Landlords of residential property have been facing a restriction of relief on their costs of finance, including interest paid to the bank, from April 2017.
Prior to the change, landlords received relief at their marginal tax rates, typically 40% or 45%. The new rules mean, that from April 2020, relief is restricted to 20% of the interest paid. The rules are being phased in between 2017 and 2020 so landlords who are higher or additional rate taxpayers will start to see their tax liability increase.
The tax year 2017/18 is the first year of the restriction, many of whom would not yet have filed their tax returns or calculated their tax for the year.
Profits arising on the sale of residential property remain liable to CGT at the rate of 28% for a higher rate taxpayer. This is in spite of other assets being charged to the lower CGT rate of 20%.
Landlords who had previously lived in the property are likely to be hit by the autumn budget 2018 proposals, where previously, after moving out of a property, they had a tax free period of 18 months. It is proposed to reduce this period to 9 months for sales after April 2020.
In addition, those who let out their properties previously lived in would have received lettings relief, capped at £40,000 each, or £80,000 for a couple. It is proposed this relief be changed to only be available to those who let to a tenant when they were also occupying the property.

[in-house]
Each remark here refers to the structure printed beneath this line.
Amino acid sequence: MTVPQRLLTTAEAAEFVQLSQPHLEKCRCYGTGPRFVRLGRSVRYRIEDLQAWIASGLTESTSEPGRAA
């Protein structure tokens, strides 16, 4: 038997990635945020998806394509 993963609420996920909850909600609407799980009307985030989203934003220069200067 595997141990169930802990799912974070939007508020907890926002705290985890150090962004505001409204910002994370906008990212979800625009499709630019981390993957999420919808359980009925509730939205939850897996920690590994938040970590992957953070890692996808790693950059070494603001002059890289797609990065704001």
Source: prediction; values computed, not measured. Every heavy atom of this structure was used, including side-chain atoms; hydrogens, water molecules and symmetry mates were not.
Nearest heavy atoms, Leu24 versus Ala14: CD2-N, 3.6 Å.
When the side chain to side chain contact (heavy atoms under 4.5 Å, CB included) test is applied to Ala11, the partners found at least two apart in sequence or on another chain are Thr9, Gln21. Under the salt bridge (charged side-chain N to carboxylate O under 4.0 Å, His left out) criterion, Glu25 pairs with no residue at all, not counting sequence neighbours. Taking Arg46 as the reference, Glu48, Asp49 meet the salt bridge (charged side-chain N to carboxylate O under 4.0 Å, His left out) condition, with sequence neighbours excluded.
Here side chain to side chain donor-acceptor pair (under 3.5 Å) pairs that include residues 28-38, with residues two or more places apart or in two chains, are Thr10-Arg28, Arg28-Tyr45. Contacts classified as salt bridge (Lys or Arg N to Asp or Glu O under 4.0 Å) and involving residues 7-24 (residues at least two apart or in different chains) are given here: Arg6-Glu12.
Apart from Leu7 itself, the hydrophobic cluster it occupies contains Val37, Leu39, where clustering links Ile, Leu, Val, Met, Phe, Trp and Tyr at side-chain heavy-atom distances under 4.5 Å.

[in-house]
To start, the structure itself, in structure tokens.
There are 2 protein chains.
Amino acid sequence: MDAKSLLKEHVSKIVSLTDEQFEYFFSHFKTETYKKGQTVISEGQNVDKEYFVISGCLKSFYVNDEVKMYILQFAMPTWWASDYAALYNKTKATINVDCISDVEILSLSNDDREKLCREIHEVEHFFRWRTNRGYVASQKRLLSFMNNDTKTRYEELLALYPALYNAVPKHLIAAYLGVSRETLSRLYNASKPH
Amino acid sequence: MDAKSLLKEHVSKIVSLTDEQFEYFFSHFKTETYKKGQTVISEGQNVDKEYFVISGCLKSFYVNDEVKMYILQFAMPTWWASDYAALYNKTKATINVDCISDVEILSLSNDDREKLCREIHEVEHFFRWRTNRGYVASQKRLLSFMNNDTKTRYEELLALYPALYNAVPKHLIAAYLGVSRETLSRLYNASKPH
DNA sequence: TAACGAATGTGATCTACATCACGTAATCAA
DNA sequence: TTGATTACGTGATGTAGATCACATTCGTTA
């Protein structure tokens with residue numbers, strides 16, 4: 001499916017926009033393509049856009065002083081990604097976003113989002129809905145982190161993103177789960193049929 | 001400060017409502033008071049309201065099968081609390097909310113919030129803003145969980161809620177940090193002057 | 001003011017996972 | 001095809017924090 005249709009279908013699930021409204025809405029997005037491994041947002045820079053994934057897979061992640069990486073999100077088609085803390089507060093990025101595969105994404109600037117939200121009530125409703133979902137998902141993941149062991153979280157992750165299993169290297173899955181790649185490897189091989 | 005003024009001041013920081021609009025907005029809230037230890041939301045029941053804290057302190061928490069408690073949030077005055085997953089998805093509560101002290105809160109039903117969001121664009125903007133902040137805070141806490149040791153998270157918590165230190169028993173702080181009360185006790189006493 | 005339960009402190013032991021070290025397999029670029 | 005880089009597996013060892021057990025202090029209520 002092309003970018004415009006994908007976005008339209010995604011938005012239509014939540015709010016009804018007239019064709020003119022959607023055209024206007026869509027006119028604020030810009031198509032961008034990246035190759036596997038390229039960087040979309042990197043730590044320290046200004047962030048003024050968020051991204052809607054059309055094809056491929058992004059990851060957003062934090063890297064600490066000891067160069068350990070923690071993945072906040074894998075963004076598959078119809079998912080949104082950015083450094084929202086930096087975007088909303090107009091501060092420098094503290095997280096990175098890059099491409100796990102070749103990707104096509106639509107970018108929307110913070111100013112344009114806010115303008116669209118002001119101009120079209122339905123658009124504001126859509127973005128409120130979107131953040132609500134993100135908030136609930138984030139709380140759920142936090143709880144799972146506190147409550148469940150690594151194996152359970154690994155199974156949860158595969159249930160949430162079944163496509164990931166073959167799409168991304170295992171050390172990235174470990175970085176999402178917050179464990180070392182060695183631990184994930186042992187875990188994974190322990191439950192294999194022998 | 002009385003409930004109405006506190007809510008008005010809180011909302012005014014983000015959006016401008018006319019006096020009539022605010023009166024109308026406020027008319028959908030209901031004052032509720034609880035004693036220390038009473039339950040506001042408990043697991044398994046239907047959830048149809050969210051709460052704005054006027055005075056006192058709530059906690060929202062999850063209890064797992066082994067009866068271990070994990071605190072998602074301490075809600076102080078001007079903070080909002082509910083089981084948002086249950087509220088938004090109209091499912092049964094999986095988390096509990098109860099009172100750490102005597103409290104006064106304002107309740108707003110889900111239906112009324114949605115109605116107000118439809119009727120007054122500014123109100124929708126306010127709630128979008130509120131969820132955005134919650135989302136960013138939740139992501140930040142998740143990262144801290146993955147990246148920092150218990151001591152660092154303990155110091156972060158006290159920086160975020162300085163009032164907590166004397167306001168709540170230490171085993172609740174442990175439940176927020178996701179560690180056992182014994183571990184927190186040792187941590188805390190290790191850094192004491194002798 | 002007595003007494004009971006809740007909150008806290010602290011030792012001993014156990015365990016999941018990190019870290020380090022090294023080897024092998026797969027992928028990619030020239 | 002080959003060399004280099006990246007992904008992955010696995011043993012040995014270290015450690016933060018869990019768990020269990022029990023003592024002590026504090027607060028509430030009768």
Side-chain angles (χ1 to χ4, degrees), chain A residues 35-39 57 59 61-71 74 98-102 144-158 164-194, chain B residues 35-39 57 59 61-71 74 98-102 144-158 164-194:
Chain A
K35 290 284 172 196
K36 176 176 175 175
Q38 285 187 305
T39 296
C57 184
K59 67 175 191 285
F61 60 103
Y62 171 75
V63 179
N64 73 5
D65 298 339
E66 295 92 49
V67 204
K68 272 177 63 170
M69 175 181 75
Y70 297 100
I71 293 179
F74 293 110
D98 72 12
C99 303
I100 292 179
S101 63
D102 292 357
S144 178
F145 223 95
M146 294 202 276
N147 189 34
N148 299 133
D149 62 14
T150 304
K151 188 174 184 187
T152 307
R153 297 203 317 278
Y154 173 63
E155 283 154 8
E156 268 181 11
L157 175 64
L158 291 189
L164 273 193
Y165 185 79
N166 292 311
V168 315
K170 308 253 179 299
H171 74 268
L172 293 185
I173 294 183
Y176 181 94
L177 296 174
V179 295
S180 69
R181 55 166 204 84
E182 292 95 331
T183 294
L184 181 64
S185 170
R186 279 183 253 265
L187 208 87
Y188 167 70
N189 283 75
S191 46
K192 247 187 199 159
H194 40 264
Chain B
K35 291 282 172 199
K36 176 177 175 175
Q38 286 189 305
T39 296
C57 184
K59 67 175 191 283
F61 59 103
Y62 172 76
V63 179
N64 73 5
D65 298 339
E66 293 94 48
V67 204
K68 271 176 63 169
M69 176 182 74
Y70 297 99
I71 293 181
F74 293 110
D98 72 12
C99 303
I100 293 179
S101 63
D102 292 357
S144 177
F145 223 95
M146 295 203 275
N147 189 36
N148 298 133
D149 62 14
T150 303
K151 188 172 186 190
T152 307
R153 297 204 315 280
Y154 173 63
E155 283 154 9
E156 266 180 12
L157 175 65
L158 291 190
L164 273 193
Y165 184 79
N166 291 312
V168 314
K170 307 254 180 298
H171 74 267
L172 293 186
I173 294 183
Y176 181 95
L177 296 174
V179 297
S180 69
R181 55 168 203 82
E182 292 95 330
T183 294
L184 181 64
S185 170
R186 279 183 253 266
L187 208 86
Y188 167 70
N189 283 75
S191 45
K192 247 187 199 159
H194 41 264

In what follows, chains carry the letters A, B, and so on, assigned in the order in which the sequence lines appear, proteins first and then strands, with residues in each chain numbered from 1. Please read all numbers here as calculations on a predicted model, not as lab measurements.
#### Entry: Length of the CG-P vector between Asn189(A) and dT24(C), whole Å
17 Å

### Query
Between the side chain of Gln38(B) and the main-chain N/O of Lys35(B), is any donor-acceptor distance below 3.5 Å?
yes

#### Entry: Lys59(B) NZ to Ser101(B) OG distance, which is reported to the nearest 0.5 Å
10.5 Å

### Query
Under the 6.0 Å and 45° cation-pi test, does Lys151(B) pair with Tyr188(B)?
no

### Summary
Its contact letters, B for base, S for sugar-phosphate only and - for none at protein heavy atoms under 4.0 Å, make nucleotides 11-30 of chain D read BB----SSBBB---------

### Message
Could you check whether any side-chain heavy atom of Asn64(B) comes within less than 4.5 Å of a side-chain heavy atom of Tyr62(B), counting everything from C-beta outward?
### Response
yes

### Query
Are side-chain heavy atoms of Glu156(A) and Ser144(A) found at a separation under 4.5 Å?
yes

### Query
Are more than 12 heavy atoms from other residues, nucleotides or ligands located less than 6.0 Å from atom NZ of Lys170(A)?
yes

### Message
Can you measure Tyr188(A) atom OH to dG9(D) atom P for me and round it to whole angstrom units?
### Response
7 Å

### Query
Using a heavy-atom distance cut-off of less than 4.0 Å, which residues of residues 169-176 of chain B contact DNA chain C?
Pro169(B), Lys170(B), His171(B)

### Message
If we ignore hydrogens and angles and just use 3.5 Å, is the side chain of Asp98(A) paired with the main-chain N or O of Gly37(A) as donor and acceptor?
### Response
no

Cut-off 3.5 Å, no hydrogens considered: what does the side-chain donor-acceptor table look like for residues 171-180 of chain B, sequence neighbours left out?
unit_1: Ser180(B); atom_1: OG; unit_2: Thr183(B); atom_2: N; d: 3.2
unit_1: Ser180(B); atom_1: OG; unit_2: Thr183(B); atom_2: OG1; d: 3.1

There is the additional 3% SDLT charged on top of the normal residential rates for the purchase of an additional residential property. The additional charge was introduced in April 2016. You won’t pay the higher SDLT rates if the property you’re buying is replacing your main residence.
UK IHT is charged on the value of an individual’s estate upon their death. While there are a number of reliefs for businesses, it is rare to see these reliefs apply to the landlord of a lettings business. Therefore, planning should be considered during the lifetime, including the tax implications of gifts to the next generation, trusts or companies.
ATED is an annual charge that applies to high value residential properties held by ‘non-natural persons’ – typically this means companies. This charge now applies to properties with a value of at least £500,000.
Landlords letting the property on a commercial basis through a company may be eligible for a relief from the tax charge, although an ATED return still needs to be filed annually.
CT is chargeable on the profits of a letting business. The CT rate is currently 19%, although it is planned that the rate is to reduce to 17% from April 2020.
The restriction on loan interest relief which applies to income tax doesn’t apply to companies.
Running property businesses through companies, sometimes known as Family Investment Companies has been a key topic in the press recently. However, this is not always appropriate for landlords.
There are tax implications of transferring already owned property to a company including the SDLT and CGT costs to factor in to the cost/benefit analysis. As always tax and legal advice should be taken to account for each individual’s circumstances.
For more information of property tax for residential landlords please contact your usual Crowe contact.